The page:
By the time Lucio Fulci made Cat In The Brain, the writing was on the wall for the Italian genre filmmakers who had spent the last few decades cranking out oddball potboilers around the world. The scene was almost dead, with budgets slashed to the bone and limited talent available to make the few shoestring productions that could still be cobbled together. However, Fulci was too irrepressible to be beaten by these circumstances: even when saddled with lousy scripts and worse actors, his work had a style and sensibility that was undeniably his own.
Viewed through that mindset, you could consider Cat In The Brain to be Fulci’s last stand as a confrontational horror auteur. The production was dreamt up as a way to cannibalize gore sequences from a series of then-unreleased horror titles that had been cranked out for Italian television, some directed by Fulci and others not. The wraparound he devised to frame the shocks is inspired in an unhinged, ballsy sort of way: Fulci plays a fictionalized version of himself, an overworked genre director who feels the brutality of his work is causing his sanity to crumble.
Fulci turns to a psychiatrist (David L. Thompson) for help, not knowing said doctor is a quack who uses hypnosis to plant more violent visions in the director’s mind to use as a cover so the doctor can kill his wife and other women. Fulci finds himself spiralling into a kind of grindhouse Slaughterhouse Five where he has become unstuck in reality, trying to get his imagination under control as he is barraged by visions of a series of blood-drenched killings.
Cat In The Brain is a controversial title amongst Fulci fans, with the detractors saying it is a far cry from his glory days of Zombie and The Beyond. It’s easy to understand why they feel the way they do: the mix of new and old footage is sometimes awkward, the acting and dialogue are equally shoddy and any attempts at style are hampered by the cheap and quick aesthetic of the production. If you’re looking for the high-style Grand Guignol surrealism of old, it’s in short supply here.
That said, to take issue with the cut-rate resources and hasty craftsmanship here is to miss the point. Cat In The Brain is the kind of crazy-quilt affair that gets by on sheer audacity… and audacity is a quality that Fulci never lacked. Even in these diminished circumstances, Fulci is swinging for the fences as he uses this quickie production to work out his issues with women, psychoanalysis, horror films being used as a societal scapegoat and the death of his beloved film industry.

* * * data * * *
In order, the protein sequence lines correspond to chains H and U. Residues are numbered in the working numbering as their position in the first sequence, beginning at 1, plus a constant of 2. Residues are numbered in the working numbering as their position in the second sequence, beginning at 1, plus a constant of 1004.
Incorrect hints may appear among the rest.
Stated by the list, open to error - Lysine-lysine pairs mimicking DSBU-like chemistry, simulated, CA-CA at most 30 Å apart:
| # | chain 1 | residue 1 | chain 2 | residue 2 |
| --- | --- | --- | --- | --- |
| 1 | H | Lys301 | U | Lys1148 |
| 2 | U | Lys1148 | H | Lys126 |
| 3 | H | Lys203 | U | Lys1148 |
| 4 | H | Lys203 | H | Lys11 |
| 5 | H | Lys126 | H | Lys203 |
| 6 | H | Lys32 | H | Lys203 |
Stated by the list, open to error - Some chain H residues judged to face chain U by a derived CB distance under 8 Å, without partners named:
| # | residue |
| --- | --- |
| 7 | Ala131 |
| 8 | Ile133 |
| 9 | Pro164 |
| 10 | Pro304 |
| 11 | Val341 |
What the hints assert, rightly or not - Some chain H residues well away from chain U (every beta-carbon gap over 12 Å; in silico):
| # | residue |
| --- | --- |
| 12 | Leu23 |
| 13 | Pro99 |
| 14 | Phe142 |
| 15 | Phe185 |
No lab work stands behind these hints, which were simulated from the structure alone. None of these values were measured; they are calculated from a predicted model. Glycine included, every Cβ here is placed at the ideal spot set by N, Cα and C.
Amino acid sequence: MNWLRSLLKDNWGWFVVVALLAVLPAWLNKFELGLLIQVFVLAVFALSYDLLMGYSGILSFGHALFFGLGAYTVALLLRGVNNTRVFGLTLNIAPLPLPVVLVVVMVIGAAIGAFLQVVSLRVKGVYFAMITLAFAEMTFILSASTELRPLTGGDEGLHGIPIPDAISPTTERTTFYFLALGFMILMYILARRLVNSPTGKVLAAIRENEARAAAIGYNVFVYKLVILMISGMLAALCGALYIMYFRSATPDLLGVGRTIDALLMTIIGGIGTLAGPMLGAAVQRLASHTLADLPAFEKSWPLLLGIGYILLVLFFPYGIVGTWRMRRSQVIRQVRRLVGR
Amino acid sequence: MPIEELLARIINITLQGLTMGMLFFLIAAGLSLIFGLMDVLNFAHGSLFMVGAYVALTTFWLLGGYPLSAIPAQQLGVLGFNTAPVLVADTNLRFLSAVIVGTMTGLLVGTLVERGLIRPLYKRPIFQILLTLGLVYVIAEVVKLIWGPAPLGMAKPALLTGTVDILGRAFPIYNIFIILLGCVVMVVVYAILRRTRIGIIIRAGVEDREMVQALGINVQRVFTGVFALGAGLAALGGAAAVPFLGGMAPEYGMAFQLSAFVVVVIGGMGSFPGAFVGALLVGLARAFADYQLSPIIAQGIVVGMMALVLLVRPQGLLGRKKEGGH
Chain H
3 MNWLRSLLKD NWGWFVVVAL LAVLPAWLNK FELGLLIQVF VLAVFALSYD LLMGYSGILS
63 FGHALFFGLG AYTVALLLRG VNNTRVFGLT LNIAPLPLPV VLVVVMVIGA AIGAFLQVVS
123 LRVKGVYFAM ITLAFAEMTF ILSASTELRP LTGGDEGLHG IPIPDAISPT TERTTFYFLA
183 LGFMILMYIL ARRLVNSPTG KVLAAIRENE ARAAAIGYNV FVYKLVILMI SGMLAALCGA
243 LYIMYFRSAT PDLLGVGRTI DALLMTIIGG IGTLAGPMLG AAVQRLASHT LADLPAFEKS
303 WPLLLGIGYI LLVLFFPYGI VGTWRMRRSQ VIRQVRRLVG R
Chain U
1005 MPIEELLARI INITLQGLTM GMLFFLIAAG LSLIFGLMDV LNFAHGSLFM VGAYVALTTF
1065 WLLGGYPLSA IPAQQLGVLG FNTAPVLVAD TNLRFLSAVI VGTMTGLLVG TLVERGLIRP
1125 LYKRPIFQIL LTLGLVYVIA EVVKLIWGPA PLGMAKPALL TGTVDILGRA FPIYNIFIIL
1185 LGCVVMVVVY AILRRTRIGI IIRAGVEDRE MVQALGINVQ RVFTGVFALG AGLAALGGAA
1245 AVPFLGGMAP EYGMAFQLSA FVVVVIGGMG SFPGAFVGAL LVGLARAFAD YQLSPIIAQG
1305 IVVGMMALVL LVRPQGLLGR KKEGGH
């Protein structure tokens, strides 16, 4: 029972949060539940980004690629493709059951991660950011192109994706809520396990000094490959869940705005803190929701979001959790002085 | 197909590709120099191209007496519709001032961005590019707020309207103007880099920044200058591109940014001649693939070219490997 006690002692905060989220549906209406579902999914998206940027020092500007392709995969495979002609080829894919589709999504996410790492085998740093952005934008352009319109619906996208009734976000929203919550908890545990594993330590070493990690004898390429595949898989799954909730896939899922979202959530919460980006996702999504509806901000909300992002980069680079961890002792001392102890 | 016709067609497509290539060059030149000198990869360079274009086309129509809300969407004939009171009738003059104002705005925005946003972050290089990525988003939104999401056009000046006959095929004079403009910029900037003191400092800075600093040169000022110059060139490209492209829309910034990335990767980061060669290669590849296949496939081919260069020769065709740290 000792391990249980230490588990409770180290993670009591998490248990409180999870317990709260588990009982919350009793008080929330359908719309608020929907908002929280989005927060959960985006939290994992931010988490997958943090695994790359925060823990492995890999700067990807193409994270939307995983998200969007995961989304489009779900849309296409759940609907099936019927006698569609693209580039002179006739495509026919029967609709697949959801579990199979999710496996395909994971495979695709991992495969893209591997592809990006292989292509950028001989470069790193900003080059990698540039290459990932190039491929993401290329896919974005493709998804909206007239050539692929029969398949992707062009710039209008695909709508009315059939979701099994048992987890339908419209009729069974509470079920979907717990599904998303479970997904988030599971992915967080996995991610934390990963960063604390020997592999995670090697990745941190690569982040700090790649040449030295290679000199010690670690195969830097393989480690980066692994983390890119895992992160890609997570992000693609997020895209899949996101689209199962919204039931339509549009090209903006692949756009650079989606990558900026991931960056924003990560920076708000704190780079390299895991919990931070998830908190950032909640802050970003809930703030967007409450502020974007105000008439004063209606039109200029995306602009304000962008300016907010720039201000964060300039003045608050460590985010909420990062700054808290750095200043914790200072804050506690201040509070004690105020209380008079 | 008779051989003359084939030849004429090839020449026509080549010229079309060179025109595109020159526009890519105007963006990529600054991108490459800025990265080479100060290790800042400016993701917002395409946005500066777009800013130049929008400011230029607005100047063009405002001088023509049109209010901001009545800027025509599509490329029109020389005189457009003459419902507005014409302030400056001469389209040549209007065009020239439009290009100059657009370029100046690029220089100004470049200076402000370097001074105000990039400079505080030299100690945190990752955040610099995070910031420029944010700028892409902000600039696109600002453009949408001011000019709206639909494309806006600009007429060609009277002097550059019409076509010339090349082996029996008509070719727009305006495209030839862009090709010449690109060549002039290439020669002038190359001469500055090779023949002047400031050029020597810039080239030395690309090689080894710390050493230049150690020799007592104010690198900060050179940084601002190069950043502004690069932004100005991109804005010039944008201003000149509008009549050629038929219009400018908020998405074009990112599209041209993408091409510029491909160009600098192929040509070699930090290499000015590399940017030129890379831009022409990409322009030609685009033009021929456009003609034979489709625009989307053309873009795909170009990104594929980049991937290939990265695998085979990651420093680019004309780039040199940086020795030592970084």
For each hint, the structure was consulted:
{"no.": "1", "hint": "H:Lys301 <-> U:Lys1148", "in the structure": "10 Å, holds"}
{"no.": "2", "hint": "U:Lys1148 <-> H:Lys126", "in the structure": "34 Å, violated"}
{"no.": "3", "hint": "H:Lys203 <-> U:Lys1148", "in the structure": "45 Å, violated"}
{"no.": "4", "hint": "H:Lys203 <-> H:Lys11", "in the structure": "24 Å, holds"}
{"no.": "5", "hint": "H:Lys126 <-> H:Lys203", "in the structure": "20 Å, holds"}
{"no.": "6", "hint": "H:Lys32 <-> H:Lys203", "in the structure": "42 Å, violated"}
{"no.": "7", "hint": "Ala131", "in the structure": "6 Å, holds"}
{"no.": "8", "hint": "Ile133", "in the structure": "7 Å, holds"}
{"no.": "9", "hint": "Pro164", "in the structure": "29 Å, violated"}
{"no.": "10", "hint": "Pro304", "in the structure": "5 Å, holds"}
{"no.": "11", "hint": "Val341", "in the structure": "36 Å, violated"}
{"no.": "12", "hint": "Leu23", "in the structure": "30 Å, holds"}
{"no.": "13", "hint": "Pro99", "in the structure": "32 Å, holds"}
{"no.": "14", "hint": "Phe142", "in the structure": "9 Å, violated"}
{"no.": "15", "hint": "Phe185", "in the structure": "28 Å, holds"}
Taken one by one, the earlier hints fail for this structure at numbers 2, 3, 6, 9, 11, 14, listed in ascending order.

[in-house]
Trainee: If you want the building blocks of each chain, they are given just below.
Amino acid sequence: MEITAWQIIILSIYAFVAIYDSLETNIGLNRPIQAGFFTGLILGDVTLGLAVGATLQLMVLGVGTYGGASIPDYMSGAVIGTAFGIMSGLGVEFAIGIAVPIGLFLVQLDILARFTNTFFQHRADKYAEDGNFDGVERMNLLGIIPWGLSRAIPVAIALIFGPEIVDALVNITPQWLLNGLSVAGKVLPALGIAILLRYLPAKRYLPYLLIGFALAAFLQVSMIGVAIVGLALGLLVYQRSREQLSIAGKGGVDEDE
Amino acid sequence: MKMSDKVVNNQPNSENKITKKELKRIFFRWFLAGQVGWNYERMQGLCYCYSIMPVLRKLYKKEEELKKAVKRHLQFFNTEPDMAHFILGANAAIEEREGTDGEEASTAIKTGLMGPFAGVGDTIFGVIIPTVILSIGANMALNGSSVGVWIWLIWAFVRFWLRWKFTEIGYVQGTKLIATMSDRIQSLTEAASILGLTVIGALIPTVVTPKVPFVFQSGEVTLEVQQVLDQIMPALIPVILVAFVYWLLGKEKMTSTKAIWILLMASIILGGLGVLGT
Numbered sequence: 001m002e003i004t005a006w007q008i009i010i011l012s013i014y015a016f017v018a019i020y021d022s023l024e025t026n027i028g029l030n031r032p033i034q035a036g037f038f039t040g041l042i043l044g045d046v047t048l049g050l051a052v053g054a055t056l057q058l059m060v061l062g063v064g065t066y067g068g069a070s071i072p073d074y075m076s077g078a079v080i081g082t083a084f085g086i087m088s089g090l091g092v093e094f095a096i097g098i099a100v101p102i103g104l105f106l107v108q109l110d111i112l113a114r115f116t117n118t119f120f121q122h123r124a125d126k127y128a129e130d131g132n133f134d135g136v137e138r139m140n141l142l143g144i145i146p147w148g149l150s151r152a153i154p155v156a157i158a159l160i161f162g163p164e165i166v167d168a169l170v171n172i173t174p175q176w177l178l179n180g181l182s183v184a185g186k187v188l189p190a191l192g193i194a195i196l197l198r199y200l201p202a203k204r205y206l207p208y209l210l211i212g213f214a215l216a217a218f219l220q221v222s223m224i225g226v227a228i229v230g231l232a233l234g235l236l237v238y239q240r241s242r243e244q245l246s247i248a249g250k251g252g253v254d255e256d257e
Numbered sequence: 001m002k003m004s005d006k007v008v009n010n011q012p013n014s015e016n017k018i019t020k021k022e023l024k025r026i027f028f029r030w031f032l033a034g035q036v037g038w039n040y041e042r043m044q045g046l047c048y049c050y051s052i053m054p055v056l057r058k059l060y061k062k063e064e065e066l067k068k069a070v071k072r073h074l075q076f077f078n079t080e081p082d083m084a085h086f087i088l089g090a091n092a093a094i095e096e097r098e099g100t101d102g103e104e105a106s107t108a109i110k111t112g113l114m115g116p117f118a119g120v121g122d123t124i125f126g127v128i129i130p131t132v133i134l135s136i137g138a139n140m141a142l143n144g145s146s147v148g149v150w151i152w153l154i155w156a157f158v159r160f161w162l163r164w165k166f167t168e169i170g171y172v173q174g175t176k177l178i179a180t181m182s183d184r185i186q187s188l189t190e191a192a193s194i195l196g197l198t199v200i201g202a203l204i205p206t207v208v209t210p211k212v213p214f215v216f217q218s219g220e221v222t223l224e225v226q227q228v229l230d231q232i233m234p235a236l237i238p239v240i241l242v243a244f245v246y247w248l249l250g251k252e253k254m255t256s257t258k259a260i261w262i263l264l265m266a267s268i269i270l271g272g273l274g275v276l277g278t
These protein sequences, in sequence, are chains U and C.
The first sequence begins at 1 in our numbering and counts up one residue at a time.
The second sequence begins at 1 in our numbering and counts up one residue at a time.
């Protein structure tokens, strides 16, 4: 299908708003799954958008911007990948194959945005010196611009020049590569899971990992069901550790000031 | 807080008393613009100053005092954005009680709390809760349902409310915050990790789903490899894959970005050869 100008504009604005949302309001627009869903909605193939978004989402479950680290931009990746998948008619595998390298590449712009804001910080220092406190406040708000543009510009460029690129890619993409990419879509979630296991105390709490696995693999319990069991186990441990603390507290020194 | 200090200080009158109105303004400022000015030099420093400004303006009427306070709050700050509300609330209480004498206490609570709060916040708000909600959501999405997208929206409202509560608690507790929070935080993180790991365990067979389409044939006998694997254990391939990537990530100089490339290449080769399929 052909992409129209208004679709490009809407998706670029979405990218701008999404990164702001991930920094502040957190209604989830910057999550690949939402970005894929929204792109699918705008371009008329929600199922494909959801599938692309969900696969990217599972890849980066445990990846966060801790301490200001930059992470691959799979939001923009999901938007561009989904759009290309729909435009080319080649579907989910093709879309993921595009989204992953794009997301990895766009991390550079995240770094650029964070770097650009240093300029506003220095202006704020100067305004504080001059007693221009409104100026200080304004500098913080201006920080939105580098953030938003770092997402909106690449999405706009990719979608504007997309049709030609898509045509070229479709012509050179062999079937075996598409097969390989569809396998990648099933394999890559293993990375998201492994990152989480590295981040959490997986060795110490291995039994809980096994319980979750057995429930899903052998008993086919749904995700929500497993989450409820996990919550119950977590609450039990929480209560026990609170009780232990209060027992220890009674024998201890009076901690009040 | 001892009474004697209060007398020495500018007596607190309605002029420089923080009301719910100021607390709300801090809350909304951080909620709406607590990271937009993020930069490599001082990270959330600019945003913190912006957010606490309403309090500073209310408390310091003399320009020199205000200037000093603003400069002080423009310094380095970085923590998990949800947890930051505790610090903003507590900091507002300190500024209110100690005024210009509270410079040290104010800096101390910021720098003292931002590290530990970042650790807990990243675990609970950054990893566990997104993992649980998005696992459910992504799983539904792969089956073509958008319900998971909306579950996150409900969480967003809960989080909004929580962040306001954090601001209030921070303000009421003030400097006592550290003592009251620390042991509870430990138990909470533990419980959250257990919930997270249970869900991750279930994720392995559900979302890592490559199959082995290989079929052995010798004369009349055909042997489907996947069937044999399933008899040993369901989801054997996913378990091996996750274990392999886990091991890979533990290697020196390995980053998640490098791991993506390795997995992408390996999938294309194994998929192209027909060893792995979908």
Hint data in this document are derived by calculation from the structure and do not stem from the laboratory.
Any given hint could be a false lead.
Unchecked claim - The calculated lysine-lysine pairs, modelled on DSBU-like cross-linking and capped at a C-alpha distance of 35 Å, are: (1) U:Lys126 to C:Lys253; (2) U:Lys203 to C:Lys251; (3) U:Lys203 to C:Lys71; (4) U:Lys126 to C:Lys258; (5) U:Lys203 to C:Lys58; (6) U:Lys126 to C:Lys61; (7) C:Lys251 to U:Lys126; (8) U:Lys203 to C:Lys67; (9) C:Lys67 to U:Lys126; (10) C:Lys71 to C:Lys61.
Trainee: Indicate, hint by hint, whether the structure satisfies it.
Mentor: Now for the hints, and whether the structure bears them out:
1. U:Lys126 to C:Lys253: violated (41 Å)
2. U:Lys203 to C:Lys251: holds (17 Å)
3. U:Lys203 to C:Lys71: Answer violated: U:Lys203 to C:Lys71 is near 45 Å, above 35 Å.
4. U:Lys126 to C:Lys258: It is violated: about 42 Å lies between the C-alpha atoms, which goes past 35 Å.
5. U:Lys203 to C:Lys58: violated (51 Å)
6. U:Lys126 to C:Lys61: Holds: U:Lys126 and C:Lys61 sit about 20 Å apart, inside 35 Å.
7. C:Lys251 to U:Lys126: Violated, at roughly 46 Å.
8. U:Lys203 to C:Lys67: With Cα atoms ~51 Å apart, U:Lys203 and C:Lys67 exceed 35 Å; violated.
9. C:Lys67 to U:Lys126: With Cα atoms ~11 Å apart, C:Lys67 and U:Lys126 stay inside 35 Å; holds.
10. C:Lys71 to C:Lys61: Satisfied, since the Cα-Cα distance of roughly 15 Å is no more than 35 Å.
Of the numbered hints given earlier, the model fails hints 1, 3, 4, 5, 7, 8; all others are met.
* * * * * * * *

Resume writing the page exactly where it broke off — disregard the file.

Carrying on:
The result is unexpectedly personal and deeply felt in its crazy excesses, with Fulci’s hangdog, somnambulistic presence looming large over the cobbled-together narrative. You can feel the exhaustion coming off him in waves as he staggers through the film’s minefield of gore scenes: he’s not an actor in the conventional sense but his beleaguered visage sells the frustration and weariness he felt during this era. The bloodshed around him might be fake but the bone-tired quality he projects is as real as it gets.
And even if you’re not invested in the travails of Fulci’s career, there are plenty of rewards here for the Eurotrash thrill seeker. The fact that Cat In The Brain pillages the gore from a series of films means that it’s packed with wall-to-wall bloodshed: there’s slashings, decapitations, limb-lopping and gratuitous use of Brett Halsey killing aging Italian starlets used as a film-within-a-film. There’s even a crazy Nazi-officer orgy scene lifted from Sodoma’s Ghost used as a hallucination that Fulci experiences when talking to a German news crew: this is a highlight of the film, with Fulci working himself up into a lather and being dragged from the room as he tries to direct his hallucination.
In short, Cat In The Brain is a find for fans who grew up on the wild Italian horrors of the ’70s and ’80s, a bit of guttersnipe post-modernism created long before horror critics started throwing the term around. There’s even a final scene gives a wink to his fans, an acknowledgement that you and he are in on the joke he just perpetrated. If you’re a Fulci fan, you might find yourself rooting for the aging auteur as he uses this end-of-the-road filmmaking gig to give one last poke in the eye to his critics and enemies.